The Future will be Padded
This is the inaugural posting of GeekSpeak, a monthly snapshot of web technologies (existing and brand new) as well as advice on how they can benefit you as a netizen.
This month I’ll be discussing the new Apple iPad and my thoughts on it.
When I was growing up information came in only a few channels: word of mouth, print and broadcast (tv and radio). The “information superhighway” wasn’t even a rude trail in the forest yet.
By the time I graduated from college the internet had appeared along with some new information channels: websites, e-mail and chat rooms. Computers went from being rare curiosities to commonplace fixtures.
With the rise of the internet came the decline of newspapers and magazines, rudely shoved aside by news sites and a wave of web logs (blogs). Consumers of this “new media” insist on up-to-the-second information and use specialized monitoring programs (feed readers and aggregators) to watch scores of sites for any tidbits that might appear.
For content-hungry consumers the smartphone isn’t quite enough (too slow, too small) and a laptop is too much (too bulky, too heavy). Apple’s “Air” portable sought to address those issues with an ultra slim design and improved battery life but was just slightly wide of the mark. Users wanted something compact, fast enough for general use and light enough to take everywhere – and I mean everywhere – remember the shower radio?
Enter the iPad.
A tool for web browsing, email, video and data entry, the iPad is a LCD touchscreen with a proprietary Apple chip driving it. The iPad eschews ungainly hard disk drives, using compact chip-based “flash RAM” instead. The all-solid-state storage has some excellent advantages: size, higher efficiency (i.e. longer device battery life), superior durability (no head crashes) and fast read/write speed. The primary drawback is price – roughly 10x the price of hard disk storage – so the advantages come with a hefty price tag.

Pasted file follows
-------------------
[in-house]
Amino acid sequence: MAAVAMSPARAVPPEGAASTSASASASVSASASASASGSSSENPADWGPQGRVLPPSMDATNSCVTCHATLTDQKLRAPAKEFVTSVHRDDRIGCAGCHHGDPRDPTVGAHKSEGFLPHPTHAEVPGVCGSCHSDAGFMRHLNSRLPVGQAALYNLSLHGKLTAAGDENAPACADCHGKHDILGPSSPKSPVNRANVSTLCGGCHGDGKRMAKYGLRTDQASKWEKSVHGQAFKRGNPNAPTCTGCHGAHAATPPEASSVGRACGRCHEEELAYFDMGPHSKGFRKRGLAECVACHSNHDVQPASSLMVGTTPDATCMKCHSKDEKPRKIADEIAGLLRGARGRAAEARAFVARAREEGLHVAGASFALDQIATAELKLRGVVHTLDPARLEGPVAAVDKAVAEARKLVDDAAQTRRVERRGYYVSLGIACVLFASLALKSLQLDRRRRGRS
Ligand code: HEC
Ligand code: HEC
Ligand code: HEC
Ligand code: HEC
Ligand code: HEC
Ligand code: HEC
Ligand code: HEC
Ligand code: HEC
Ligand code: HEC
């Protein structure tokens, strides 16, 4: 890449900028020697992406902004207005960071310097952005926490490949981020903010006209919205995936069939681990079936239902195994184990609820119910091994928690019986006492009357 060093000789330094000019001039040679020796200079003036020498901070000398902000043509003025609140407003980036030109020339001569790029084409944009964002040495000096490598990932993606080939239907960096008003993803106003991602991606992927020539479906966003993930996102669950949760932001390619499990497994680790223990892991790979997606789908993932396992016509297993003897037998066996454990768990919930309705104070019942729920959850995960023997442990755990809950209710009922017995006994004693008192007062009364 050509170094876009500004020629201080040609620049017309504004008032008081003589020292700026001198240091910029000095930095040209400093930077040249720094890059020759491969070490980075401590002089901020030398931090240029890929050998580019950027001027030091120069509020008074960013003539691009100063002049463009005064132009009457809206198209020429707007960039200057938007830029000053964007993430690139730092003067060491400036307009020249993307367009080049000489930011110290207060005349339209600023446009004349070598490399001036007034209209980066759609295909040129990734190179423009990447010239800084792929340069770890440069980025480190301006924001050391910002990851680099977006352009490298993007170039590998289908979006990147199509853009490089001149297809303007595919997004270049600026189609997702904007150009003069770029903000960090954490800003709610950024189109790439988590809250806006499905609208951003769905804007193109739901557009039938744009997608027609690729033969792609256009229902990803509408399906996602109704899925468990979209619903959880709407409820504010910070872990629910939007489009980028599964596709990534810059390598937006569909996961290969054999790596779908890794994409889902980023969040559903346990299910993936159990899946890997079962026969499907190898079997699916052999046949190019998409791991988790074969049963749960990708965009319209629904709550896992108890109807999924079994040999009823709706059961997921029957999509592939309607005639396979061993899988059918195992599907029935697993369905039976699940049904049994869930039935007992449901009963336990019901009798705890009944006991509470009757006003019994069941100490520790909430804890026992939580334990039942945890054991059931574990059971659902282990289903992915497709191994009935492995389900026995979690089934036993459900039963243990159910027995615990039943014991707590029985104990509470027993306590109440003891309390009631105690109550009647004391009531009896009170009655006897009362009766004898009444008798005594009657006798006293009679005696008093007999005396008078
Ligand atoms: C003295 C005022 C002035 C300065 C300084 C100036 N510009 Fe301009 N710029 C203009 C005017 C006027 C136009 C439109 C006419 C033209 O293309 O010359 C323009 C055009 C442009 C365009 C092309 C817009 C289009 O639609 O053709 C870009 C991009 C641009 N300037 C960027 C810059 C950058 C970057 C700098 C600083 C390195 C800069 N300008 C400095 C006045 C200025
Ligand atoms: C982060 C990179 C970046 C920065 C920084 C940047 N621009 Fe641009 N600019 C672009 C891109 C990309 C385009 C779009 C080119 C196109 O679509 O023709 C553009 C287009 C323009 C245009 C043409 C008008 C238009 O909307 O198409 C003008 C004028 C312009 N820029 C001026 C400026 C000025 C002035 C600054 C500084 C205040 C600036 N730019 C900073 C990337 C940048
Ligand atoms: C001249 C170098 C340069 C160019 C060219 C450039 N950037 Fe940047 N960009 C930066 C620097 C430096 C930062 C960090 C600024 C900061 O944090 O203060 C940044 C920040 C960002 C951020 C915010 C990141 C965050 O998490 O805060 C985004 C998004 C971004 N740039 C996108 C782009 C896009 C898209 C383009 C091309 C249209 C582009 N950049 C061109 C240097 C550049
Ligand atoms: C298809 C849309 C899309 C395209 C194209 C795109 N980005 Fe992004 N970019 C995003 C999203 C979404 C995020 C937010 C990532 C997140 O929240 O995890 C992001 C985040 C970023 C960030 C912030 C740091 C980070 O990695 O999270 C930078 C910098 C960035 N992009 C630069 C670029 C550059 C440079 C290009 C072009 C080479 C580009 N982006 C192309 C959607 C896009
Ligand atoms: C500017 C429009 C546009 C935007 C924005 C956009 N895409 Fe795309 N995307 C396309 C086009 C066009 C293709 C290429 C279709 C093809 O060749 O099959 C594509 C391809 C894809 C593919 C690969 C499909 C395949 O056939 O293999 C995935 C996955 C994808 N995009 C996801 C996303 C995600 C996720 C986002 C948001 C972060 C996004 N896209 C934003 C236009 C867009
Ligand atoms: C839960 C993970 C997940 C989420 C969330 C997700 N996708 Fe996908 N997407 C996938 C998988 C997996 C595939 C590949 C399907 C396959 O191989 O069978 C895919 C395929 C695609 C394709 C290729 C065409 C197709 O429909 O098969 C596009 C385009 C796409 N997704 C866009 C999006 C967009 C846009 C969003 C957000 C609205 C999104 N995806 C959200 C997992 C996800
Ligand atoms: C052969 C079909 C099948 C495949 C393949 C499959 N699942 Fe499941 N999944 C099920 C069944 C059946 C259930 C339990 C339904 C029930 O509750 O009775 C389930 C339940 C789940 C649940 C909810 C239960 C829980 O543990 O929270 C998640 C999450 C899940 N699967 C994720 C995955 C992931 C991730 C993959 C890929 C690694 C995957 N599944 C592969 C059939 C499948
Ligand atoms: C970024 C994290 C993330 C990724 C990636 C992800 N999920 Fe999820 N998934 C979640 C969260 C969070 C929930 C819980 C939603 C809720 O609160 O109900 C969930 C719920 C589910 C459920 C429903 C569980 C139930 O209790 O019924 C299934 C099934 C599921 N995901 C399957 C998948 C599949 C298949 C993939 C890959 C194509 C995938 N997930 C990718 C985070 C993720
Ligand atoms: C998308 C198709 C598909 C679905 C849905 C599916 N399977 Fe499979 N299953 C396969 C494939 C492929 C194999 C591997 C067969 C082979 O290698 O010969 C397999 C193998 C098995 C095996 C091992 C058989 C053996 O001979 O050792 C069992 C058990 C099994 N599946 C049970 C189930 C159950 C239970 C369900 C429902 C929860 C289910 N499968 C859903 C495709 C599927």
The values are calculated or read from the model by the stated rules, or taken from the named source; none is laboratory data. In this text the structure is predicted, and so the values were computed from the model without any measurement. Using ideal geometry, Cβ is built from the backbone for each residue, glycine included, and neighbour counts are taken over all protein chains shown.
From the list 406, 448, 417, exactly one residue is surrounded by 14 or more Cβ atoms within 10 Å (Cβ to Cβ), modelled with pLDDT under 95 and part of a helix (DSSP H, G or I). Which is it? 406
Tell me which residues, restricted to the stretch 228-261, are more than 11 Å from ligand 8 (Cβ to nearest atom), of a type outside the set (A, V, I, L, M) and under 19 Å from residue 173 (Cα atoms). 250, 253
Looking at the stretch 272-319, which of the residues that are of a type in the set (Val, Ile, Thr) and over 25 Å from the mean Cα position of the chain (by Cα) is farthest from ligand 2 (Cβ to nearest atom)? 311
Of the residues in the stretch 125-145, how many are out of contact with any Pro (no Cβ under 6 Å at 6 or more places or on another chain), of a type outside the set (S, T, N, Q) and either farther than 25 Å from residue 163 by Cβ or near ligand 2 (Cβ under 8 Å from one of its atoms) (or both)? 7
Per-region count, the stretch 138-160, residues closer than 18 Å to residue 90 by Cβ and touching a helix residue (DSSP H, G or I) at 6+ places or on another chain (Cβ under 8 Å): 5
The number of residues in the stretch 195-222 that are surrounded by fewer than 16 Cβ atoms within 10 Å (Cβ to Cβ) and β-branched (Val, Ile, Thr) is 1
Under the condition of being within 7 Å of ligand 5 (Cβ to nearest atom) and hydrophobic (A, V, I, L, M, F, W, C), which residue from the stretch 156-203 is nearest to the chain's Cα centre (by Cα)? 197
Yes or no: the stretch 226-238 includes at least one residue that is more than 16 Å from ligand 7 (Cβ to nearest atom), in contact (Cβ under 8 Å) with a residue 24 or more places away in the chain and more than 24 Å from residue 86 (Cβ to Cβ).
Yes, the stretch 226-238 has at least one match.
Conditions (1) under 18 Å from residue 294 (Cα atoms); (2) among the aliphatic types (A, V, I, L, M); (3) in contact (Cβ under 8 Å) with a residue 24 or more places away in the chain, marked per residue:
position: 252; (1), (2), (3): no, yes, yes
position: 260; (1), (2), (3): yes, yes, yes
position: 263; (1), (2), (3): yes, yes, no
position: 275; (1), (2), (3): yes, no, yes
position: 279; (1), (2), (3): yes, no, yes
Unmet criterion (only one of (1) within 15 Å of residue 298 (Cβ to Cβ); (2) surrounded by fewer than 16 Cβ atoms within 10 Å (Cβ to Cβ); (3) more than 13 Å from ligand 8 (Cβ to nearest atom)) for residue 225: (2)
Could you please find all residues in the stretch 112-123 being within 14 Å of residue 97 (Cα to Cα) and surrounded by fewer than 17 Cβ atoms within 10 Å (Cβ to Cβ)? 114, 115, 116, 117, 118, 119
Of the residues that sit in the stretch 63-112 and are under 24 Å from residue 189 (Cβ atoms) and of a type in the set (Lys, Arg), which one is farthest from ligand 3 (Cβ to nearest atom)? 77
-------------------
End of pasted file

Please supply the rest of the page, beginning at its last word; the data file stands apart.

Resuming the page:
However, once past the wallet-clubbing troll you’re over the digital bridge into a world where all the major newspapers are literally at your fingertips. A tap opens a story, a pinch-open gesture enlarges and a hand-swipe pans or scrolls. Video and music are simple and fun. You can video conference with a friend while you’re riding the bus to work thanks to the device’s 4G network connection. In short, it’s lighter than a laptop, nearly as fast (faster in some cases) and big enough to read like a folded-up newspaper – and no ink stains!
Oh, did I mention e-books?
Apple’s online store lets users download music, e-books and video effortlessly. Hear of a great new novel on a website? A few taps, pinches and swipes and you’ve got it in your hand. Love the book? Drop the author a kudo via e-mail. Did I mention you’re still on the bus? Reach your destination, drop the iPad into your briefcase or messenger bag and it will sleep (power save) on its own, ready to jump back to work when you pull it out at coffee time or lunch.
We may just be seeing the beginning of the end for paper-based content.
My only question is: where’s all the content for this brave new world coming from?
We’ll talk about that next time when I discuss blogging software and content management systems.
Till then, keep geekin!